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Celebrating Earth Week: It’s Elemental

treehugger

By Deanna Fry

Making real and heartfelt connections to nature is crucial for our survival into the next millennium. It is especially important in this age of virtual reality when so many people — children included — have become estranged from the natural environment.

The five-day unit Celebrate Earth Week ’98 is a collection of ideas, activities and resources for recognizing, exploring, honouring and celebrating our connections to the earth during Earth Week from April 20-24, 1998. The unit is organized around five daily themes, beginning with the four natural elements of Water, Fire (Sun), Earth and Air, and ending the week with a celebration of the Spirit of Life. Each day, short thematic excursions outdoors give students opportunities to make connections with these elements in nature, while indoor activities invite exploration of the important roles they play in our world.

The theme days and activities are open-ended suggestions to adapt and extend in any way you like. This is just the beginning. Consider, perhaps, a giant wall chart of the theme days, with their meanings simply stated and students’ work displayed in a prominent place. Daily morning announcements introducing the theme days and concepts is also a nice way to recognize Earth Week in the whole school. In all, simplicity is the key. There is no need to travel far or to be extravagant. We need only to open ourselves to world around us.

WATER (MONDAY)

All living organisms use water in one way or another, and our common need of this important element unites us. We can go many days without food, but not without water. Many people in the world must go to great lengths to collect water and often the water they rely on is not clean. It is important to convey an appreciation for the abundance of clean water we have in North America, and the need to conserve the world’s fresh water supply.

Why not start the water theme by taking your class down to the fountain for a drink? Ask students to think about where the water came from and the route it took to get to the fountain. Back in class, demonstrate how much of the world’s water supply is fresh, clean and potable by using a bucket of water, three one-litre containers and a 10 ml eyedropper. Put 951 ml of water in container A and explain that this represents all the world’s salt water. Put 49 ml in container B, explaining that this represents all the fresh water that exists as ground water, ice caps, glaciers, and water in plants and animals, including humans. Use the eyedropper to put 0.05 ml in container C and explain that this represents all the fresh water in lakes and rivers alone. This concrete demonstration is very effective in stressing the value of clean, drinkable water. Tell them that Canada has about two- thirds of the world’s fresh surface water, that Canadians use more water per person than anyone else in the world and pay the least for it! Allow time for reflection on and discussion of these facts, and the feelings and ideas they may invoke. Do this as a whole class, in pairs using Think, Pair, Share, or in small groups using Round Table Response. Prompt consideration with the following questions:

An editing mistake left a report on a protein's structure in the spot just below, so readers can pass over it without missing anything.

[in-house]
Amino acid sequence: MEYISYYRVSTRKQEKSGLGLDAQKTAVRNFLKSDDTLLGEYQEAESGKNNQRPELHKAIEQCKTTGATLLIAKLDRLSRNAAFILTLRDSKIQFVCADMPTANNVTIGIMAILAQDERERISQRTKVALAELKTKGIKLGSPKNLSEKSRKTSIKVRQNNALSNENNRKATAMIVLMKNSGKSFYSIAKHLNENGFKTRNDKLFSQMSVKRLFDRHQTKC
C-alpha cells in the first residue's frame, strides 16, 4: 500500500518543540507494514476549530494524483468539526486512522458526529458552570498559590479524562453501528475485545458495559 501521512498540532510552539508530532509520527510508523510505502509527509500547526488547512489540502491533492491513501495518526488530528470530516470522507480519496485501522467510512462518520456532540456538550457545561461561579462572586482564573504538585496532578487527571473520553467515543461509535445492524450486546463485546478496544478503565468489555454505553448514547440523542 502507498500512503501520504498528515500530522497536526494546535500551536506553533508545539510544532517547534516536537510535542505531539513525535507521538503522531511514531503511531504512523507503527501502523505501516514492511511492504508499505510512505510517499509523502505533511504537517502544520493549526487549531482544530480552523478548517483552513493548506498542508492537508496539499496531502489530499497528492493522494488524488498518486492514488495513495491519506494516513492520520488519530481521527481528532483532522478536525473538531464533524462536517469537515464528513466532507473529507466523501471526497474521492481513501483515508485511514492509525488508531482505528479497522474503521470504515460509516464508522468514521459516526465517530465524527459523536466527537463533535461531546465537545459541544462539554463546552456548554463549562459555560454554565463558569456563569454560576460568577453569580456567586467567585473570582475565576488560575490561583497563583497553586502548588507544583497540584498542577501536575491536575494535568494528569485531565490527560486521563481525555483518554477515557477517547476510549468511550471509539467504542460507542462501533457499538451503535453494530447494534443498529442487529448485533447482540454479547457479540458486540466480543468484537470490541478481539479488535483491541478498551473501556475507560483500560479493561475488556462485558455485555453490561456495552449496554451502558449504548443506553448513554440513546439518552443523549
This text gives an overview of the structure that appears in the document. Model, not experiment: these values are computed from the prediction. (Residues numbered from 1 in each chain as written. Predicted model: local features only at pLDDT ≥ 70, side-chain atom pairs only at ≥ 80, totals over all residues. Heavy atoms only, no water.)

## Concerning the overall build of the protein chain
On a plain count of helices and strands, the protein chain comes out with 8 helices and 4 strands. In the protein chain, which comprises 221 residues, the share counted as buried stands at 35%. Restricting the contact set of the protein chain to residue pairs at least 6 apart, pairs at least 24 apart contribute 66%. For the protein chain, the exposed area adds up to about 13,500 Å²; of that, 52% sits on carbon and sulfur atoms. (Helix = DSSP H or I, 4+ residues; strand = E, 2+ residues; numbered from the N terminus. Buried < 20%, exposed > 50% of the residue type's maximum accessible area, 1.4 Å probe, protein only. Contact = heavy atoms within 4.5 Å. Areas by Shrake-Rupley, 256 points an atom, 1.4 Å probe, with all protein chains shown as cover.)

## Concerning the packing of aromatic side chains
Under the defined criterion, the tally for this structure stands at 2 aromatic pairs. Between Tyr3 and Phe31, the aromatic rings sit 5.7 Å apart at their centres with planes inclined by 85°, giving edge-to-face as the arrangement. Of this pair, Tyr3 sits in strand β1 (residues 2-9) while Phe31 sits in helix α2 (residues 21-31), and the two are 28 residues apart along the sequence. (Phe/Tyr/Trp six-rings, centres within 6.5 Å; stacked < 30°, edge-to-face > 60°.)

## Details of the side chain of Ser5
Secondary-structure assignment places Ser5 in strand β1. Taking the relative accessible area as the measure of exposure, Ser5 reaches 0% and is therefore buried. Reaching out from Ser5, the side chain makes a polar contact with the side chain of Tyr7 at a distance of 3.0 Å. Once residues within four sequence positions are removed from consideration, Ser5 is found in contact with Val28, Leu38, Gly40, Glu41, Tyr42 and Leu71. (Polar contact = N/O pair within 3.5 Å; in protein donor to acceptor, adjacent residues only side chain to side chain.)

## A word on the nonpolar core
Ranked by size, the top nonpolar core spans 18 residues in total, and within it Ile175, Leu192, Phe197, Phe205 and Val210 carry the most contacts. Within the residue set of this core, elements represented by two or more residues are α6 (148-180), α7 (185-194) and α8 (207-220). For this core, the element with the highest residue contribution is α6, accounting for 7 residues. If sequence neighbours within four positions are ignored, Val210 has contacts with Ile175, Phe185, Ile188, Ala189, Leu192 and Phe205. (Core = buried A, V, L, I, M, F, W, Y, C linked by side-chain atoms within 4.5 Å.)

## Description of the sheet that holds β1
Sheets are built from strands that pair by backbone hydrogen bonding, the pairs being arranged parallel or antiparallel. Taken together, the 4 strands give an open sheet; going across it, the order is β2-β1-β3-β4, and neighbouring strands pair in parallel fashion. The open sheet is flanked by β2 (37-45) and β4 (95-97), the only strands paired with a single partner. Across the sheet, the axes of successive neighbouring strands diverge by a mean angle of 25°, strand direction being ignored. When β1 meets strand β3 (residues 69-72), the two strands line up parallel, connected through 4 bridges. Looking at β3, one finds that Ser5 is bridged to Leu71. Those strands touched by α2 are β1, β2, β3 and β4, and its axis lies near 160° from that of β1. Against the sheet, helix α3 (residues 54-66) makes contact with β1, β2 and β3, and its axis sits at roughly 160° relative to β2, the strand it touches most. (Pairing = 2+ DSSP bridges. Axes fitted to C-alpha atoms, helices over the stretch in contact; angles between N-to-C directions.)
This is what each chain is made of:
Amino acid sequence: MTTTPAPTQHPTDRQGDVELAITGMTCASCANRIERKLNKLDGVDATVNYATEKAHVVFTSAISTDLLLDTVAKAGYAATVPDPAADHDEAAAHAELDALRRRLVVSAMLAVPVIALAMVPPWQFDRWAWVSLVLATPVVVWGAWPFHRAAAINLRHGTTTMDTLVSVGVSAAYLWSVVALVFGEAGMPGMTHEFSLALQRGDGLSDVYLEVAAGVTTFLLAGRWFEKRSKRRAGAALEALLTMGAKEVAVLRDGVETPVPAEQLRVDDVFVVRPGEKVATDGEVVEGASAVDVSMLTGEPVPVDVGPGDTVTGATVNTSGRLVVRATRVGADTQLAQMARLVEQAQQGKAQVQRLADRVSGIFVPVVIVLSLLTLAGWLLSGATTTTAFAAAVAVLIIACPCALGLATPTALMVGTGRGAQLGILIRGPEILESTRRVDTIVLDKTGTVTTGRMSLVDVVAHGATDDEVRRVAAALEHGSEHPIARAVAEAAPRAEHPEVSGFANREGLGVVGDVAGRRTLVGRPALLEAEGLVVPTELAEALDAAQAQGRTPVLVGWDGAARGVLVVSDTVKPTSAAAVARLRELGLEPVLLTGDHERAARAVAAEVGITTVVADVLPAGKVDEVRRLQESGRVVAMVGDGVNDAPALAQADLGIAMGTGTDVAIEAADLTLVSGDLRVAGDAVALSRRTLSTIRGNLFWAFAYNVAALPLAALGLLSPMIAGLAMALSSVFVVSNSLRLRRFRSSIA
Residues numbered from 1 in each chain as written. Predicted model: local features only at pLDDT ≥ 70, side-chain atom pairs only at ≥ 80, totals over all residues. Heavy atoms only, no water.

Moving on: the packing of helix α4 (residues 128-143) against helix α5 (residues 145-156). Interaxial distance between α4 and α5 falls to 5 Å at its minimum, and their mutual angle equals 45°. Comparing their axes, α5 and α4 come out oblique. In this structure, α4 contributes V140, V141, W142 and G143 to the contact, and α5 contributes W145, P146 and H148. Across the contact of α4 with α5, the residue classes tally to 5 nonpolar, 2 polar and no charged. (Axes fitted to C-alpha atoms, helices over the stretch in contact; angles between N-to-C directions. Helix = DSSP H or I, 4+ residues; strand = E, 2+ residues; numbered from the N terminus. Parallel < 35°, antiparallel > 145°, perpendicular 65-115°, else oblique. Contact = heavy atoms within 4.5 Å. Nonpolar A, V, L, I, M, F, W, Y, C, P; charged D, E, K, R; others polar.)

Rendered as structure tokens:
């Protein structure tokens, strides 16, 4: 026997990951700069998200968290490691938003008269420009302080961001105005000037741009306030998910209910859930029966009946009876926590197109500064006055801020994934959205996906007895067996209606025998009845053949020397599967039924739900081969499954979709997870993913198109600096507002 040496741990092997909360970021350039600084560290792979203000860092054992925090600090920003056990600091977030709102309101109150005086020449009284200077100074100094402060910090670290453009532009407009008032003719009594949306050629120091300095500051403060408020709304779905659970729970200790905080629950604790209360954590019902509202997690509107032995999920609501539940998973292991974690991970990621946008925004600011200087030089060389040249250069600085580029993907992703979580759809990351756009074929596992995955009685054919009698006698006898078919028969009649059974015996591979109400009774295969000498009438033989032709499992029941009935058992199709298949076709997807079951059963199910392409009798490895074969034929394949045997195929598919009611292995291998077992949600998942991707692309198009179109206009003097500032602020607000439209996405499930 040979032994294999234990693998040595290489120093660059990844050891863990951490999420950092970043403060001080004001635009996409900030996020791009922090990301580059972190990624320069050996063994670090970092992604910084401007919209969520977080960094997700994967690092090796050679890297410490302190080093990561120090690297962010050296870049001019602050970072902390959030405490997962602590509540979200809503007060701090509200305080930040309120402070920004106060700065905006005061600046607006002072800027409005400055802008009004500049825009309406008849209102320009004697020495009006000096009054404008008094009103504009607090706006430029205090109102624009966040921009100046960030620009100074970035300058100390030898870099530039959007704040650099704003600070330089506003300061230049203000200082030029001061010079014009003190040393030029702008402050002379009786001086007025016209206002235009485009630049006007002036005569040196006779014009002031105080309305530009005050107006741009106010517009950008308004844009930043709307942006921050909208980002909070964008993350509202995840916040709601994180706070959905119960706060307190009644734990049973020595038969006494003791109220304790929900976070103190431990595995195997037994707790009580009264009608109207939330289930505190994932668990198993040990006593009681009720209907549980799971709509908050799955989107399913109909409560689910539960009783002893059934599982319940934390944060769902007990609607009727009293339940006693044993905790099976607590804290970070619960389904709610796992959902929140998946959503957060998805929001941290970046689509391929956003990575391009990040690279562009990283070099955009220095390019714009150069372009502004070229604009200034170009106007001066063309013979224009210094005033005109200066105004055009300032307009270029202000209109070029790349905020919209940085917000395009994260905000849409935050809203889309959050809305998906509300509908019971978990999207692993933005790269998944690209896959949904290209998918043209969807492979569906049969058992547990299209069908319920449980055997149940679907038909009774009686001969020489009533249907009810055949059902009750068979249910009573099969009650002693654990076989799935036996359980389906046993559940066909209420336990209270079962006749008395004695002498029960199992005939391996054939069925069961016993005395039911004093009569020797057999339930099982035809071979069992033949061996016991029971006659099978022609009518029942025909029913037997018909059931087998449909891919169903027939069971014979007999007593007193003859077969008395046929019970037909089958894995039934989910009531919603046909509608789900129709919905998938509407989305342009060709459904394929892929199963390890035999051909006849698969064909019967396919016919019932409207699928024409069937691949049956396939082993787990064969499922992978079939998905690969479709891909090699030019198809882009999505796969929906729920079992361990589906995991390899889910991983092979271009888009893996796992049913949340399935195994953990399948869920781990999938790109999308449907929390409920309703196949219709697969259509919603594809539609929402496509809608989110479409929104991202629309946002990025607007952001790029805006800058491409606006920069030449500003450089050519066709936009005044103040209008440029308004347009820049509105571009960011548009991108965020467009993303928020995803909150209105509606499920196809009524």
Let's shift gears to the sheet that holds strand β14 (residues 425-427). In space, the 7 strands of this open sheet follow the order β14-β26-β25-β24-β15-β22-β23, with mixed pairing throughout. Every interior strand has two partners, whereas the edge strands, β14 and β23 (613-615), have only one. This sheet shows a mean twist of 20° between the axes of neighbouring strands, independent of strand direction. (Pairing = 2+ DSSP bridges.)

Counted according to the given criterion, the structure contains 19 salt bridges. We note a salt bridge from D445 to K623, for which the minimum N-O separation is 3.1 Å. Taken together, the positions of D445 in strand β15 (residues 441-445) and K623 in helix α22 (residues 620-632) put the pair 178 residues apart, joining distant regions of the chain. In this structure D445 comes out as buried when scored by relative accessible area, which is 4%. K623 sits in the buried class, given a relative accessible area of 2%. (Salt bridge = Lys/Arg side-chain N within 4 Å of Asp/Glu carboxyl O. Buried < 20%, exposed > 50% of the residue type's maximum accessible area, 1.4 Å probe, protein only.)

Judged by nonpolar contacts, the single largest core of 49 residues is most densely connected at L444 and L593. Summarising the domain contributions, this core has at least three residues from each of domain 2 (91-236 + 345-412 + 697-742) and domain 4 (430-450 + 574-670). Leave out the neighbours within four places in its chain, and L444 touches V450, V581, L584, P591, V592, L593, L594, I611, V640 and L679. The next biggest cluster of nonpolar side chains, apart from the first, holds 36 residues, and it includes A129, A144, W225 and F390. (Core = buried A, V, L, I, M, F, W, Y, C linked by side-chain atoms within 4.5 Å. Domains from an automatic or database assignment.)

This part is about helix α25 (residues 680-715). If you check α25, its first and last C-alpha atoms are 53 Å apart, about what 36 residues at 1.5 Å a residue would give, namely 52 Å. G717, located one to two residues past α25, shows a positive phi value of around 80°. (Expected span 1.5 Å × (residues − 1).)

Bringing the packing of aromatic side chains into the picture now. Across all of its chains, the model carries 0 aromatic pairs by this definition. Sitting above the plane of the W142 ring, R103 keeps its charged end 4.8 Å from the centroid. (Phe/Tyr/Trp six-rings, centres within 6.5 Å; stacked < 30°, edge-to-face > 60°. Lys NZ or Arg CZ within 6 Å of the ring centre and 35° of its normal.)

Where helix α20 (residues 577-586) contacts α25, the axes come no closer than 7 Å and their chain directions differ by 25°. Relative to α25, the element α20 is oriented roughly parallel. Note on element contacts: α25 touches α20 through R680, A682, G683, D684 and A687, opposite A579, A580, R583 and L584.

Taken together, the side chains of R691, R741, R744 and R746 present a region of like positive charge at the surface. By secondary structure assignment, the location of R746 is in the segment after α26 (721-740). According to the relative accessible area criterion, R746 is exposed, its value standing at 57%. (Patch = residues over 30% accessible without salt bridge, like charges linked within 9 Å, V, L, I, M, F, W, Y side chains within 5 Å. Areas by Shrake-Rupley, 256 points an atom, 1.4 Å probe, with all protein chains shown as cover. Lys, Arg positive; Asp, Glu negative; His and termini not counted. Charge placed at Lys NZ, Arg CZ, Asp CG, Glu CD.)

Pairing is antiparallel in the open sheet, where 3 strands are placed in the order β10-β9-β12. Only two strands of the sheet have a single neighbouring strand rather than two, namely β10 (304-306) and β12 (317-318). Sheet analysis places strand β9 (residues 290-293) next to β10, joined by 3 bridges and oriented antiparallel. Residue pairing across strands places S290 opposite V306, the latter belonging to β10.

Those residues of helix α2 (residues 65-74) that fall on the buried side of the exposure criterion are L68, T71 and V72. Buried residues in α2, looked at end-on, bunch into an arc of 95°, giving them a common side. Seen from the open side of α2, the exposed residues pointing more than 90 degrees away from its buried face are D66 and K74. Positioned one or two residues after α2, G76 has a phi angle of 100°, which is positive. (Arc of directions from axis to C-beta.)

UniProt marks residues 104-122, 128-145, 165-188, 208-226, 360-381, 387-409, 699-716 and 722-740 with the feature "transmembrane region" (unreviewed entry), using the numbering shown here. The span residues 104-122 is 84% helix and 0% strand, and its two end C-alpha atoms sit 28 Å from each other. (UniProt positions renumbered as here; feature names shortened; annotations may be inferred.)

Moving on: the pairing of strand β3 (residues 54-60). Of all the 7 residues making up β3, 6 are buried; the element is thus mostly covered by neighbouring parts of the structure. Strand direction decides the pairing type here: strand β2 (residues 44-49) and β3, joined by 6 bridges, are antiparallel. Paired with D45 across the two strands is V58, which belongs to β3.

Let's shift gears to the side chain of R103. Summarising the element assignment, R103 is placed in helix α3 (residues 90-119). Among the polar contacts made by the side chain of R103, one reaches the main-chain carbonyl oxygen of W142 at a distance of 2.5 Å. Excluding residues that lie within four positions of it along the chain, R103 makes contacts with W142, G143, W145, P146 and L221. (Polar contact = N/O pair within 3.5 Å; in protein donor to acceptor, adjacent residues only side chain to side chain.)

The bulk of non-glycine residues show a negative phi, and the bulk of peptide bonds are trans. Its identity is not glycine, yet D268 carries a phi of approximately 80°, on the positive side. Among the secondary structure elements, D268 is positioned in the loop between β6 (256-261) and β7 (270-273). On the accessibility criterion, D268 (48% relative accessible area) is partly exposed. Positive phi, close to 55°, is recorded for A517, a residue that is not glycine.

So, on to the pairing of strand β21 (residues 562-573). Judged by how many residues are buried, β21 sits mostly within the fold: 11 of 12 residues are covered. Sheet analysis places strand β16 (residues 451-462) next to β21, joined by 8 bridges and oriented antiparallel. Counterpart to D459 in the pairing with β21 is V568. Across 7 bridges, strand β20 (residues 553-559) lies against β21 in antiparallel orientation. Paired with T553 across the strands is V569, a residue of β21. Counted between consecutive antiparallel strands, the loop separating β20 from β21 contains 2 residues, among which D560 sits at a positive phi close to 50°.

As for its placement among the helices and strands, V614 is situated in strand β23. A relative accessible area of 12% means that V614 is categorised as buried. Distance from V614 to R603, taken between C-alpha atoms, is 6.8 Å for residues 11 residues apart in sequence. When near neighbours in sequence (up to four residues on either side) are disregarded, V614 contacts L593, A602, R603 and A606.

• Do we value and appreciate water or do we take it for granted? Do you?
  • How do we waste water? How do you waste water?
  • How can we conserve water? How can you conserve water?
  • How do people in other parts of the world get fresh water? Is it freely available?
  • Imagine living in a place where fresh water is scarce and has to be carried a long way. How would that change your habits and attitude toward water?
  • Will you change the way you use water from now on?

paintingNext, lead younger children in a round of “Down by the Bay” or “Listen to the Water.” Then use simple diagrams to explain the basic hydrological cycle and watershed mechanisms: open body of water, evaporation, cloud formation, precipitation, run-off into streams, rivers and back to larger bodies of water. Have them draw their own versions of the cycle or label and colour one you have prepared.

Remind older children of the basic hydrological and watershed principles. Point out how wetlands operate as natural filters to purify water and that they are disappearing at an alarming rate due to human development. Discuss the fact that North Americans use water of drinking quality for all their water needs (washing, flushing, lawns and industry), then look at the processes we use to purify water. Demonstrations using sand, charcoal or other materials that function as filters help students see the process at work. Compare the taste of tap water, spring water and distilled water, vote for a favourite, and graph the results.